in praise of public libraries

Blog;

I’ve just finished reading Darren McGarvey’s Poverty Safari (2017), an engrossing attempt to speak about the experience of growing up in poverty and to think about the gulf that separates the middle classes from the ‘underclass’. Along the way I found this impassioned defence of public libraries, attacking the fashion for blending libraries with community centres, and thus removing that crucial element of the library experience–silence:

“Admittedly, many of us don’t use libraries any more, but for those who do, it’s impossible to overstate how indispensable the service is. Particularly in communities characterised by poor education, low opportunity and high levels of stress, the library is an engine room of social mobility where people go to complete college and job applications, get help filling out forms to access benefits and bursaries as well as accessing the internet and books to learn new skills or find information. People who enter a library are actively trying to better themselves in some way and often lack the basic resources or skills to reach their goals. When you are in a public library, you are in the presence of people who are attempting to take a massive stride forward in their often chaotic and stressful lives. Aside from this more obvious function, the library performs a much simpler one–one which any librarian worth their salt will guard jealously. As well as not costing any money, the library is one of the few places in a deprived community that is quiet enough to hear yourself think.

To get a sense of how difficult it is to concentrate when there are things going on around you, pick up your smart phone and start thumbing through a selection of ring tones, while continuing to read this page–I’ll wait. Now imagine you are already pretty stressed, perhaps because you have no money, or because debt collectors and council tax are breathing down your neck. Now throw in the fact you are maybe not the best reader. Maybe you are a single mum, with a learning disability like dyslexia, or you might be battling with a drink problem. Maybe you’re looking to get back into education and have a limited amount of time for activities that require concentration? Maybe you are a young man, recently released from prison, perhaps on a tag, who has been given an apprenticeship in a barbers or a local deli but have no experience? Throw a little ADHD in the mix and an underlying psychological issue, which is exacerbated by stress, and suddenly the simple act of entering a library becomes an immense act of personal courage.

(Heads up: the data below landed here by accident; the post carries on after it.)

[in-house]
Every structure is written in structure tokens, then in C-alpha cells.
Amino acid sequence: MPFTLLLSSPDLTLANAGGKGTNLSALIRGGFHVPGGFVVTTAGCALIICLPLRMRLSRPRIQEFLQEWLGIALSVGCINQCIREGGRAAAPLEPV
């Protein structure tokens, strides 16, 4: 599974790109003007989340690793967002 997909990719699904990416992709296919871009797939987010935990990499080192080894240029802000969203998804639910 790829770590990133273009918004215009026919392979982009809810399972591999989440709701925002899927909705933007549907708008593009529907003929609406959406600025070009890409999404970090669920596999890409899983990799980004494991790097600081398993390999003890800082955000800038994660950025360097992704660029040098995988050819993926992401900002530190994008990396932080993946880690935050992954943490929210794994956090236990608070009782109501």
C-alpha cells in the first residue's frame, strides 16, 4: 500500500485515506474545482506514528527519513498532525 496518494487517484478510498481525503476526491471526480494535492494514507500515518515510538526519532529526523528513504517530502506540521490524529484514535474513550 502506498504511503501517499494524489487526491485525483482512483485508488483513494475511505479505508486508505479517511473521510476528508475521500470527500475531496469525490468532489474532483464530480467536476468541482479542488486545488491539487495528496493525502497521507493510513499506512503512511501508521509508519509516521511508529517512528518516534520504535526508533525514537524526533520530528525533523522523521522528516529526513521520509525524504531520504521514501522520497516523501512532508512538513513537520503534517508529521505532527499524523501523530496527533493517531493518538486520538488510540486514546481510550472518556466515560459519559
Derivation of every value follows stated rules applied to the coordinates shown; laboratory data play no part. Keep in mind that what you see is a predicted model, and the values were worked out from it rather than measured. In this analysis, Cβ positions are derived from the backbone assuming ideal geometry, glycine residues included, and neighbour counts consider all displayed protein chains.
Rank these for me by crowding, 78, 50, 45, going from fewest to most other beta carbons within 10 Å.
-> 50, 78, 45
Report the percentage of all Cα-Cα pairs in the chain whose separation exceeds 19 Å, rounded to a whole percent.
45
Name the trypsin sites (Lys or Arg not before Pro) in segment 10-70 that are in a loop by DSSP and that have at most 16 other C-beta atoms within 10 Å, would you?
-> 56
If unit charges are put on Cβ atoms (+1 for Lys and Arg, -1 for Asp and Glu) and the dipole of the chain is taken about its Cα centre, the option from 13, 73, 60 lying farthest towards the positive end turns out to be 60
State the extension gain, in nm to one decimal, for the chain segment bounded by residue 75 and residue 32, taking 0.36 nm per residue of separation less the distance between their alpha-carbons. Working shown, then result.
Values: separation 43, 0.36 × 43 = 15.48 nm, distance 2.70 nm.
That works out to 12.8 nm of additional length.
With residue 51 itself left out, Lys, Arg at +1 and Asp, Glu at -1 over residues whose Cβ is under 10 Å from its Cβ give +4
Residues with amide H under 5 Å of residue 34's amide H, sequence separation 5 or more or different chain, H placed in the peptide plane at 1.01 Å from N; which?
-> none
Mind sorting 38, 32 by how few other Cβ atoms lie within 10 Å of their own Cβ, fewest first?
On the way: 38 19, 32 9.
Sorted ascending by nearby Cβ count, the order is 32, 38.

… Then we have the senior citizen, largely forgotten in the beard-stroking dither of progressive politics. Perhaps a widow who lives alone, or a disabled man who uses a wheelchair and can only access a certain number of buildings in the area. The library is one of the only places they’ll be allowed to stop for more than five minutes without being expected to spend money. And let’s not forget, there’s a reason why people in areas like this need to get out of their homes every now and then: paper-thin walls that mean you can hear your neighbours flushing toilets, boiling kettles, having sex, arguing, doing DIY, cutting their grass, revving their cars–at every hour of the day. This is not to mention the less-than-serene sounds of a stressful community, and all the challenging, often frightening, behaviour it fuels; couples engages in aggressive disputes, drunken young people shouting in the streets, strangers coming and going all day and night. Not to mention the regular sound of police cars, ambulances and fire engines.

The library is one of many dwindling resources, like the community centre, that act as safety valves. A library provides a safe and supportive environment where vulnerable people can educate themselves or mentally regroup. But increasingly, they will arrive at the library to find children running around, or people taking part in discussions or courses, or Mother/Toddler groups. These activities are equally essential–but they should be going on in a community centre. Libraries have become busy, often quite noisy places, which seriously defeats their intended purpose.”

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